And that's still not all: Vox is also moving across the state line for its first Pennsylvania stations, WCED (1420) and WOWQ (102.1) in Du Bois, along I-80 between Nowhere and West Nowhere, or Clearfield and Clarion, if you prefer...
Whilst on the PA side of the line, we note that the standards have vanished from their longtime home on WEJL (630 Scranton) and simulcast WBAX (1240 Wilkes-Barre), replaced by sports from ESPN. Standards live on in the market on Nanticoke's WNAK (730).
In Albany, April Fools' Day came one day early on WPYX (106.5), where the morning crew played off the rumors that the Clear Channel spinoff would take 'PYX Spanish by...taking 'PYX Spanish. All morning Friday (3/31), they spun Spanish pop hits, played spots en espanol, and finally owned up to the prank about 9:45 AM. Sure beats claiming the mayor's dead...
A few corrections from last week: WBDI/WBDR in the Watertown market are owned by David Clancy, not Craig Fox. Fox does own the WOLF/WWLF stations in Syracuse, along with George Kimble. Could there be a fourth station joining the two AMs and one FM with Radio Disney? Sounds that way. Kimble's partner in the Radio Group in the Finger Lakes, by the way, is Bob Martin, not "Jim" as we reported a few weeks back. (We knew better, really...) Bob and Greg Cotterill will soon be doing news on a new morning show, "Finger Lakes Today," to be heard on all of the group's AM stations, WCGR (1550 Canandaigua, relayed on WRSB 1310 there as well), WGVA (1240 Geneva), WSFW (1110 Seneca Falls), and WAUB (1590 Auburn). Hosts for the show, to debut in May, will be Doug Finch and Donna Henderson. And we hear that the new transmitter location proposed for WLLW (99.3 Seneca Falls) will be the site in Junius (just north of the Thruway on NY 414) occupied by the former WLLW, now WCOV (93.7 Clyde). (Or is it still WSFW-FM on 99.3 and WLLW on 93.7? The FCC database isn't much help, of course...)
Translator Watch: "Family Worship Center" (aka WJFM Baton Rouge LA, aka Jimmy Swaggart) applies for 89.9 in Bath and 90.1 in Medina. We hear the Medina application will be opposed by co-channel WGMC in Greece, which has a decent signal and a loyal audience in Orleans County -- and which is about to apply for a tower height increase itself. (Hmmm...out of state translator abuser vs. very local station with jazz and unique ethnic programming...who should NERW root for?) Down in the New York City market, the FCC has dismissed Best Media's application for 88.1 Woodsburgh. We're still waiting to hear from anyone who has any idea who Best Media are, and why they filed such blatantly abusive applications last year.
Jason Bereza at Hudson Valley Radio Guide checked in with some programming notes downstate: WGNY (1220 Newburgh) returns to ABC's satellite oldies format from AP all-news, while "The Cat" (WCTW 98.5 Catskill and WCTJ 96.1 Poughkeepsie) heads to live and local AC from the bird feed. Translators W231AG (94.1 Newburgh) and W293AE (106.5 Newburgh) go from relaying WBWZ (93.3 New Paltz) and WRWD-FM (107.3 Highland) to relaying religious WAWZ (99.1 Zarephath NJ), we're told.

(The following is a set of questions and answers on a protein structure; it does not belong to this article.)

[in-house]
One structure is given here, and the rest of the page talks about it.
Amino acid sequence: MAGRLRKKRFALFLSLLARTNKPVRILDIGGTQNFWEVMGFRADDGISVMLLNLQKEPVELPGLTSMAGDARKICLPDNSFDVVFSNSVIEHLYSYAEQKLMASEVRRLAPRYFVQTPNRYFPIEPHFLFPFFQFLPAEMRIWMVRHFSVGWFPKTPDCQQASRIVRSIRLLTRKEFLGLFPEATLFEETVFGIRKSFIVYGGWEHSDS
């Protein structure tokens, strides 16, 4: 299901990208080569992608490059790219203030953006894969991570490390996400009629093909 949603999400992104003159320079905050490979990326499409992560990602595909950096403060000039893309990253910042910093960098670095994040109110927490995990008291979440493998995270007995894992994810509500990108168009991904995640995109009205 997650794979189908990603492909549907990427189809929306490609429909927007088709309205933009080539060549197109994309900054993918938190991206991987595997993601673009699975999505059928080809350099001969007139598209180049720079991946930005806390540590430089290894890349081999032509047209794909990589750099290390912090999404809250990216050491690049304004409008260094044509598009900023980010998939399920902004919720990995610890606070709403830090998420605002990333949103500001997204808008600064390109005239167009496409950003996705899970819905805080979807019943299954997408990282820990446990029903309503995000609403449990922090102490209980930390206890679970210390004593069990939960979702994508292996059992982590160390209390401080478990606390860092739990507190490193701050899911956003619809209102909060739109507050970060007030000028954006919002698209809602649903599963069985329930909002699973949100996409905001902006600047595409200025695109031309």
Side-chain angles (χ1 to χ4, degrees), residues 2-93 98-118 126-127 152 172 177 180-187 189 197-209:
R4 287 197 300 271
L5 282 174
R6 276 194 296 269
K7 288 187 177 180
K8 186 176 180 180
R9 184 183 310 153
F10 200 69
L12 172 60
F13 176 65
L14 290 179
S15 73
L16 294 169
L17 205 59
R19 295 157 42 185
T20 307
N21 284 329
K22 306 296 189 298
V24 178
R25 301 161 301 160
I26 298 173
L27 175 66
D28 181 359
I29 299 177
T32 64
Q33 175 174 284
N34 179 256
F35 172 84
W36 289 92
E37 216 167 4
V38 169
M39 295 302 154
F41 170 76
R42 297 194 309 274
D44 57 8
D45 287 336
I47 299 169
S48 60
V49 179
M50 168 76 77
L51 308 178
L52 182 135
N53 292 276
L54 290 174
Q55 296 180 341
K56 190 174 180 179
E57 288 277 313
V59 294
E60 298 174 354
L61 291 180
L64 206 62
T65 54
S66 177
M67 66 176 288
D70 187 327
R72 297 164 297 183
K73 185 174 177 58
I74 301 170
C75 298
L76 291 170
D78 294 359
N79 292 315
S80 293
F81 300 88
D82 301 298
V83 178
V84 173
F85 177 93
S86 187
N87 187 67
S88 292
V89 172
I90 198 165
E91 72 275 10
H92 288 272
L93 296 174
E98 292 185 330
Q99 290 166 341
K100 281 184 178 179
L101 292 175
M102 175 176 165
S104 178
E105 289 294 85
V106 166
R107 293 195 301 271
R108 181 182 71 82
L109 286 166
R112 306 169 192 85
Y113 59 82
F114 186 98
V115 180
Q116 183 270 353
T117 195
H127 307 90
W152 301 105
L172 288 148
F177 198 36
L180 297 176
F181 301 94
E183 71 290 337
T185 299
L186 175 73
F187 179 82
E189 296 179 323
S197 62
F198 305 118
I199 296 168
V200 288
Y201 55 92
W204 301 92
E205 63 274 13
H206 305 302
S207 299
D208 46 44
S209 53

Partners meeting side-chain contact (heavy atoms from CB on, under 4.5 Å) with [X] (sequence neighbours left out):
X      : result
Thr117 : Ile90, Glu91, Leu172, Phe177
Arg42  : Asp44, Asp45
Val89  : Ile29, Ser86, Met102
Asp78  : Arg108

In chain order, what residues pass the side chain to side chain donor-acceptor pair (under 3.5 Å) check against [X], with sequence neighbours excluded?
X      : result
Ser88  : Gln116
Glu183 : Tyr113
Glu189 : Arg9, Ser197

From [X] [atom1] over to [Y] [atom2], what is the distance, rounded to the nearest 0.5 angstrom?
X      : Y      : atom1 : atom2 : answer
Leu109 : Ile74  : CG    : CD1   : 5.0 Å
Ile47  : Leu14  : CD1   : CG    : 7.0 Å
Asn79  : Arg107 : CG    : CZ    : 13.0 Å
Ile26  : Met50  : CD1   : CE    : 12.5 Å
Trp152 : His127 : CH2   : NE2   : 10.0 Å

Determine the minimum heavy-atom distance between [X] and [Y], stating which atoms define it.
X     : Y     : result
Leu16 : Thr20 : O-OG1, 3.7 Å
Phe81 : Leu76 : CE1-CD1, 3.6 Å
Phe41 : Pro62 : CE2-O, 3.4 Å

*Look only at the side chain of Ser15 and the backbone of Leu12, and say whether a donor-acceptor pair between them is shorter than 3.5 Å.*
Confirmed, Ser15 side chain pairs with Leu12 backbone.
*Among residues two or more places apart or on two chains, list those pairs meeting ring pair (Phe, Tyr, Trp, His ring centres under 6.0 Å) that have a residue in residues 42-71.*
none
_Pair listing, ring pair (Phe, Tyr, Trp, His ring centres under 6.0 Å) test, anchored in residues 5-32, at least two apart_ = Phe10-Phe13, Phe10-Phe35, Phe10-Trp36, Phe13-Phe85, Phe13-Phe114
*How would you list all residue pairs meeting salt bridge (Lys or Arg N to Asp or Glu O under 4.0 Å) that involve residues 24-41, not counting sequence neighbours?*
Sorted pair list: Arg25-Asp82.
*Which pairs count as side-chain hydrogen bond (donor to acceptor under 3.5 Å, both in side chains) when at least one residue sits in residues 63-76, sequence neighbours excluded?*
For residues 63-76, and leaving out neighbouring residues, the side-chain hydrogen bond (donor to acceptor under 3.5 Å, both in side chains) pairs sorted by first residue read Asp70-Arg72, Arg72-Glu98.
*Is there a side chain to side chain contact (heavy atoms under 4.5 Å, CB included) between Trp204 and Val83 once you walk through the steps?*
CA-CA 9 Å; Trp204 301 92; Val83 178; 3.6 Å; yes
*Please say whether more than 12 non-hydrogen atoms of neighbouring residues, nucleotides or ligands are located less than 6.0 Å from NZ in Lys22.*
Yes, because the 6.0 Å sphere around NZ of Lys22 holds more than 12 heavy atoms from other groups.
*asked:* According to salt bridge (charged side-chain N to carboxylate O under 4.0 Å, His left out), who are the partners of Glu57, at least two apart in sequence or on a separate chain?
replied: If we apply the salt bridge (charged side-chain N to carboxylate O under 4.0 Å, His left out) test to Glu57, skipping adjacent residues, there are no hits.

On the Web: There are interesting new Web presences from Rochester-market WYSL (1040 Avon) and from New York's WEVD (1050), the latter with a live audio stream, which is nice for those of us in the null between WEVD and Toronto's CHUM.
It turns out Staten Island's WSIA (88.9) will carry the SI Yankees again this year, after all.
Finally this week, a few more notes about LPFM in the wake of all the response last week's Rant generated:
Several of you pointed out, quite correctly, that one of the concerns about relaxing third-adjacent protection is IBOC (in-band, on-channel) digital radio. Those of you who subscribe to the DX Audio Service will have heard this month's presentation of the "buzzing" noise generated on first-adjacent channels by the IBOC testing at New York City's WNEW (102.7).
Preserving spectrum for eventual IBOC use is a legitimate concern, no doubt. But we remain unconvinced that IBOC is the best digital solution for US radio. We're truly worried about the US moving away from the Eureka system that seems to be on the verge of becoming a global standard. It's bad enough that channel-spacing disparities make many digital receivers unusable in Europe and Asia for analog radio. It's even worse to think that the radio that works just fine in Niagara Falls, New York could be useless for hearing the signals of Niagara Falls, Ontario, and vice versa.
NERW's also not convinced that IBOC solves any real pressing problems for broadcasters and listeners. Audio quality on FM doesn't promise to be that much better than it already is, and there's no evidence to suggest that listeners want to spend a few hundred dollars on a new receiver just to hear the same 18 minutes of spots an hour that they can already hear with their old radio -- especially when that same money could be spent on a Sirius receiver (satellite digital radio), with better audio quality and no commercials.
Once again, it's the status quo protecting itself for the short term, with no ability to see the long-term picture. We're not surprised.
That's it for this week...see you next Friday with much more from the wide world of radio!